“Becoming Truly Human” is an eight week outreach course offered by the Antiochian Archdiocese that uses the vehicle of small group discussions and hosted meals to share the love of Christ. The following two articles by a layman and priest, tell the story of how this program is changing lives.

~~For many years as a Protestant, I witnessed to others because I thought it was my duty. After all, we had been scripturally mandated by the Great Commission to do so, hadn’t we? Unfortunately, try though I might, I can’t remember many of the names or personal circumstances of those with whom I shared the Gospel. I mostly thought that my work was finished and the rest was up to God. (Read James Blackstock’s reflection.)

~~For many years I have felt that in my parish, and in Orthodox Christian parishes in general, there is a need for an evangelism program that is more than simply posting the time of our services and asking parishioners to invite friends to the liturgy. The Divine Liturgy is definitely very powerful and full of the Grace of God. However, I think that most of our parishioners hesitate to invite others to come to an Orthodox Liturgy without laying some ground work that they often do not feel equipped to do. (Read a reflection by Fr. Michael Byars.)

“Love for our Brethren”:

AFR Interview Introduces New Program

“Becoming Truly Human” is an eight week course offered by the Antiochian Archdiocese of North America to increase effective and relational evangelism, especially towards those who have no religion or church affiliation. The program uses the vehicle of small group discussions and shared meals to help guests to feel loved, listened to, and welcomed.

In a June 24, 2015 podcast, Ancient Faith Ministries President John Maddex interviewed Charles Ajalat, one of the program’s founding committee members, about the new outreach. Charles is an attorney, the former chancellor of the Antiochian Archdiocese, and a member of the Order of St. Ignatius. As one of the founders of the International Orthodox Christian Charities (IOCC) and Fellowship of Orthodox Christians United to Serve (FOCUS) North America, Charles is a veteran of start-up efforts, and in the interview he expressed his hopes that this new venture will help people “discuss questions…and then want to go forward into a catechism class with a priest.”

Read more

Department of Missions and Evangelism News Archive

Ο Γέροντας Εφραίμ της Αριζόνας θεραπεύει δαιμονισμένη στον Καναδά & έπειτα εκείνη του ζητάει να εξομολογηθεί




Ο Γέροντας Εφραίμ της Αριζόνας

θεραπεύει δαιμονισμένη στον Καναδά & έπειτα εκείνη του ζητάει

να εξομολογηθεί

Γέροντας Εφραίμ της Αριζόνας:

“Είχα πάει στον Καναδά και εκεί μίλησα στην Ελληνική ομογένεια, για τον διάβολο, για το πώς μάς ξεγελά και μάς υποσκελίζει στην αμαρτία. Όταν τελείωσα την ομιλία και έφευγε ό κόσμος από το χώρο όπου έγινε ή ομιλία, ξαφνικά άρχισε να γίνεται ένας μεγάλος σαματάς. Ήρθαν κάποιες κυρίες τότε και με ενημέρωσαν ότι κάποια μεγαλοκυρία είχε δαιμονιστεί. Φώναζε και ούρλιαζε ή δαιμονισμένη λέγοντας λόγια για μένα:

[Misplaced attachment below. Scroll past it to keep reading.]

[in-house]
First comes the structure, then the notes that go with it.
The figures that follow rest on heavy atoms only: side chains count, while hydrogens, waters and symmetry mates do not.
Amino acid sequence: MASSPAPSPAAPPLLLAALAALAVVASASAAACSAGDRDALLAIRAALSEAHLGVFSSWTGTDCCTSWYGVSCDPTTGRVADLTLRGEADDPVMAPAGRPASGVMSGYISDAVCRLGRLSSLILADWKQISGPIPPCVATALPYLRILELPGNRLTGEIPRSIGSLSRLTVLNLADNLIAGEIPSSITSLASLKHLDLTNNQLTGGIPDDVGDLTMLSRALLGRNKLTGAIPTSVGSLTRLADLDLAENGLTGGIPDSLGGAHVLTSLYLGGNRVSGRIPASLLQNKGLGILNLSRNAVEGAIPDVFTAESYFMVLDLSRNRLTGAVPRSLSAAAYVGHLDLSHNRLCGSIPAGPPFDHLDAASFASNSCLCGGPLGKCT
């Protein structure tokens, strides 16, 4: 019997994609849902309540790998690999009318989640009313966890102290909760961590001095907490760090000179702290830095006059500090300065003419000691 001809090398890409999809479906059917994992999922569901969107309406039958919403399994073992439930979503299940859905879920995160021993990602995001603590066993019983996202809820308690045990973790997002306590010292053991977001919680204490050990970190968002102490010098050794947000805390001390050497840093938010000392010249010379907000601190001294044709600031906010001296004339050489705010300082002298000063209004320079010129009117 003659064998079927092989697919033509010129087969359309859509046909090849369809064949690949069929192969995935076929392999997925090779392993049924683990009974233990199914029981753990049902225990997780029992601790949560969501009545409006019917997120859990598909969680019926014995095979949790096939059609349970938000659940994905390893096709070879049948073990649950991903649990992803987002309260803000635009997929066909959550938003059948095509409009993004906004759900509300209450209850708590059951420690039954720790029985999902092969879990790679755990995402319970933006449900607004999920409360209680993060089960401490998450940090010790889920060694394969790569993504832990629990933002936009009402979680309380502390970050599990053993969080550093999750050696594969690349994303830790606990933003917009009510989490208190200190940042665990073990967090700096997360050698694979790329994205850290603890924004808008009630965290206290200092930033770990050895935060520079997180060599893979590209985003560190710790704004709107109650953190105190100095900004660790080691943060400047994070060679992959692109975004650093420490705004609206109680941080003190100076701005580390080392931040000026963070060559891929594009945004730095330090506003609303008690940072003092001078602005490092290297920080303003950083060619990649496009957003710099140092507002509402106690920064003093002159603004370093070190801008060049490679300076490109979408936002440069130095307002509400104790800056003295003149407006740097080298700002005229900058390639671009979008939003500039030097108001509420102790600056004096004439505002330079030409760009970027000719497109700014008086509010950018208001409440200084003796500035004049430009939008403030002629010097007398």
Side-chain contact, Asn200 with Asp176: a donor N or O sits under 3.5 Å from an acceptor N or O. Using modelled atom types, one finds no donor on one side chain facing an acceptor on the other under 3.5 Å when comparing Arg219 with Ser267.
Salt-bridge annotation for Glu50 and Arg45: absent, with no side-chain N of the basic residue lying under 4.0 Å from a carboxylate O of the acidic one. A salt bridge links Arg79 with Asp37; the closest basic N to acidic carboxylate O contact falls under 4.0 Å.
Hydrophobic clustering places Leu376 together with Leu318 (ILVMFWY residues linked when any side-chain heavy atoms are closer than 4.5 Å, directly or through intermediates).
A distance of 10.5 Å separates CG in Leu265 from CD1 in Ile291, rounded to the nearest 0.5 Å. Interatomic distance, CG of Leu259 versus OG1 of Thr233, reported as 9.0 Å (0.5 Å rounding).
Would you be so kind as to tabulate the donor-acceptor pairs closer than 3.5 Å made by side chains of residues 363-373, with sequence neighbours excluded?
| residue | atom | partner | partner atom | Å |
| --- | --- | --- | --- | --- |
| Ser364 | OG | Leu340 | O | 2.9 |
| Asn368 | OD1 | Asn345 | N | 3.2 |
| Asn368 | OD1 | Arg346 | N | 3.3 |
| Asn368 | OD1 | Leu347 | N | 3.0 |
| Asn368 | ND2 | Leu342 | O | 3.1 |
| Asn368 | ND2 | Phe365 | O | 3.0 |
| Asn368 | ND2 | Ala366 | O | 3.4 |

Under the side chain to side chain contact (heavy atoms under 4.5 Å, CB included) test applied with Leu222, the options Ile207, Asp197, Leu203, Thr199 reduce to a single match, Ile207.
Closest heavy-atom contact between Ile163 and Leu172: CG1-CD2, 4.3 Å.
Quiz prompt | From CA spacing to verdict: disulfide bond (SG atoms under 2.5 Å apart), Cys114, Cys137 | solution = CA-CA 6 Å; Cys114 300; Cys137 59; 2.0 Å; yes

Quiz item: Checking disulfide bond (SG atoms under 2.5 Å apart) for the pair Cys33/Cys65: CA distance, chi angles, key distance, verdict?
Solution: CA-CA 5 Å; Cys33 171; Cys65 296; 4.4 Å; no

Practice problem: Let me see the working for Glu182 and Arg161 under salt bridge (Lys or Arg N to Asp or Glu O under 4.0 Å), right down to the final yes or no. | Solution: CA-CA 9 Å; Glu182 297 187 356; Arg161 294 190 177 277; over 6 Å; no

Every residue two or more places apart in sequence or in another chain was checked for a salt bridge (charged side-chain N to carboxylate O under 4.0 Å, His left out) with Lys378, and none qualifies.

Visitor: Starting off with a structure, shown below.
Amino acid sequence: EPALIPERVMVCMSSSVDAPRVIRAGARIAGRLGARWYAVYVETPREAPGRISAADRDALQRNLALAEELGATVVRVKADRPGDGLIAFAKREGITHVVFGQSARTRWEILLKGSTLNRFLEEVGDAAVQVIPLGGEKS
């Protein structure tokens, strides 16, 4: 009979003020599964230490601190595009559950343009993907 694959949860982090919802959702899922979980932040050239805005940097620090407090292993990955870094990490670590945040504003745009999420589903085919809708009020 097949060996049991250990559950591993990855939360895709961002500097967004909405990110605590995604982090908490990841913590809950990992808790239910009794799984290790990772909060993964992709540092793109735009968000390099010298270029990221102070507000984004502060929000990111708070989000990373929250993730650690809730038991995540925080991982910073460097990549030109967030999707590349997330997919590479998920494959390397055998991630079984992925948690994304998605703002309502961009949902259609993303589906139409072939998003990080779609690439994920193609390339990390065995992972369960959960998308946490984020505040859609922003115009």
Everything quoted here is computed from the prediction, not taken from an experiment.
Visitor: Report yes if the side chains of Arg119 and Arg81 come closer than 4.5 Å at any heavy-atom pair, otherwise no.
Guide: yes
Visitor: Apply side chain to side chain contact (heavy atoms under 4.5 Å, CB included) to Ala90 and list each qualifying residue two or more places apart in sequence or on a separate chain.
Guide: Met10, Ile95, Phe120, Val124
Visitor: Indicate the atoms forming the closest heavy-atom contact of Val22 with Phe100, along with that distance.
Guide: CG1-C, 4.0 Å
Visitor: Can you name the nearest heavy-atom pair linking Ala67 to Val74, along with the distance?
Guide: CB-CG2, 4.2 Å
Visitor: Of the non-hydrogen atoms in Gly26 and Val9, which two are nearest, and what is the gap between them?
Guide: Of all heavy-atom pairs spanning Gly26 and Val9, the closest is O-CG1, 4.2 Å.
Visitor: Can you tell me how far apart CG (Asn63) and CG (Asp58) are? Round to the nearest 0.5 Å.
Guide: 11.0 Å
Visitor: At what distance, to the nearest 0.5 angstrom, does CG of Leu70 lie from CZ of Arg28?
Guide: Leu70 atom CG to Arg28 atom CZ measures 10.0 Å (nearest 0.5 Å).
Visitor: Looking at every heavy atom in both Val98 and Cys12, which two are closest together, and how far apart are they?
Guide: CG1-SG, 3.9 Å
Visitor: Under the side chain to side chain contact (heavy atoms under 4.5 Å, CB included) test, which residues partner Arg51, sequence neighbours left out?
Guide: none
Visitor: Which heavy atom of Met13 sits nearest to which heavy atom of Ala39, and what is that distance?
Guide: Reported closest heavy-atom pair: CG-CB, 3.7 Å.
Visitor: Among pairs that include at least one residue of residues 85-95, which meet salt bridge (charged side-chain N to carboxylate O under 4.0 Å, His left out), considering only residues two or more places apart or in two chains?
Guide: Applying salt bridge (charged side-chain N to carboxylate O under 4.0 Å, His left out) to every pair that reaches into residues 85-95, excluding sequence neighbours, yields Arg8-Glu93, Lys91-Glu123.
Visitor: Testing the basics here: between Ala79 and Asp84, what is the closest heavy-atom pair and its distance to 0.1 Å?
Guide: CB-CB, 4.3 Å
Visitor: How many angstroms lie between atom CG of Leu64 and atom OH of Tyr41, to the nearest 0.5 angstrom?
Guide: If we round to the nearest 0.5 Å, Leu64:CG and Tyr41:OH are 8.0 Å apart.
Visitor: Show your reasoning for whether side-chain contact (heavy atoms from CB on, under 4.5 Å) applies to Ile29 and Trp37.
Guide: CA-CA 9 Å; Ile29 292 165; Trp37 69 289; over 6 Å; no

Με φανέρωσε αυτός ό άνθρωπος, με έβγαλε στη φόρα. Τί γυρεύει εδώ στον Καναδά; Ήρθε να πάρει τούς δικούς μου, τούς οποίους είχα καλά δεμένους. Θα του κάνω κακό και θα τον εκδικηθώ και πολλά άλλα παρόμοια έλεγε ή δαιμονισμένη.

Την μετέφεραν σέ ένα δωμάτιο. Και μόλις λίγο ηρέμησε, πήγα και την συνάντησα. Είχε κλειστά τα μάτια και έτρεμε σαν το ψάρι. Κατά το χρέος μου άνοιξα το Ευχολόγιο, φόρεσα το πετραχήλι μου και της διάβασα τις ευχές του Μεγάλου Βασιλείου και όταν τελείωσα, άνοιξε τα μάτια, σταμάτησε να τρέμει και με λέει:

Πάτερ, θέλω να εξομολογηθώ! Πράγματι την εξομολόγησα. Ή κοπέλα αυτή είχε δαιμόνιο για πολλά χρόνια, αλλά δεν είχε εκδηλωθεί μέσα της. Κοινωνούσε, εκκλησιαζόταν κανονικά, αλλά δεν γνώριζε oτι ήταν δαιμονισμένη.

Με αφορμή όμως εκείνη την ομιλία πού είχα κάνει εκδηλώθηκε το δαιμόνιο πού είχε.
Πολλοί πού ήταν παρόντες στο σκηνικό με την δαιμονισμένη, ωφελήθηκαν πολύ και άνθρωποι πού δεν πίστευαν στα δαιμόνια και στον διάβολο, πίστεψαν στην ύπαρξη των πονηρών πνευμάτων από το περιστατικό αυτό.

Το περιστατικό απλώθηκε πολύ γρήγορα στην ευρύτερη περιοχή και με πήραν τηλέφωνο και από τις Η.Π.Α να πάω και εκεί στην ομογένεια να τούς μιλήσω και να τούς εξομολογήσω. Έτσι με τη Χάρη του Θεού πήγα και σέ εκείνους τούς ανθρώπους και βοηθήθηκαν και εκείνοι”.


Ο Θεός Είναι Μαζί μας, Εμείς Είμαστε Μαζί Του;

εκδ. Ορθόδοξη Κυψέλη

Θεσσαλονίκη 2015

Επιστροφή στην Ορθοδοξία: Το μακρύ ταξίδι επιστροφής του π. Lawrence Farley, Καναδάς – Από Αγγλικανός ιερέας, Ορθόδοξος ιερέας





π. Lawrence Farley, Καναδάς


Επιστροφή στην Ορθοδοξία:

Το μακρύ ταξίδι επιστροφής του

π. Lawrence Farley, Καναδάς


Στο ταξίδι της επιστροφής μου στην Ορθοδοξία, πήρα το μακρύ δρόμο, έκανα μεγάλους κύκλους. Γεννήθηκα στα προάστια του Toronto, στην περιοχή του Ontario στον Καναδά, και παρακολουθούσα τις Κυριακές το Προτεσταντικό Κατηχητικό Σχολείο, όπως όλα τα άλλα παιδιά της ηλικίας μου. Επειδή η Χριστιανική Πίστη στο σπίτι μου ήταν περισσότερο στο όνομα παρά πραγματική, όταν το Κατηχητικό Σχολείο έγινε βαρετό, σταμάτησα να πηγαίνω και σύντομα βυθίστηκα στήν αγνωστικιστική έφηβική μετριότητα. Δεν με ενδιέφεραι να πάρω απαντήσεις στις απορίες μου περι του Θεού. Περισσότερο ενδιαφερόμουν για τα κορίτσια. (Αν και αυτά ενδιαφερόντουσαν λίγο για μένα.)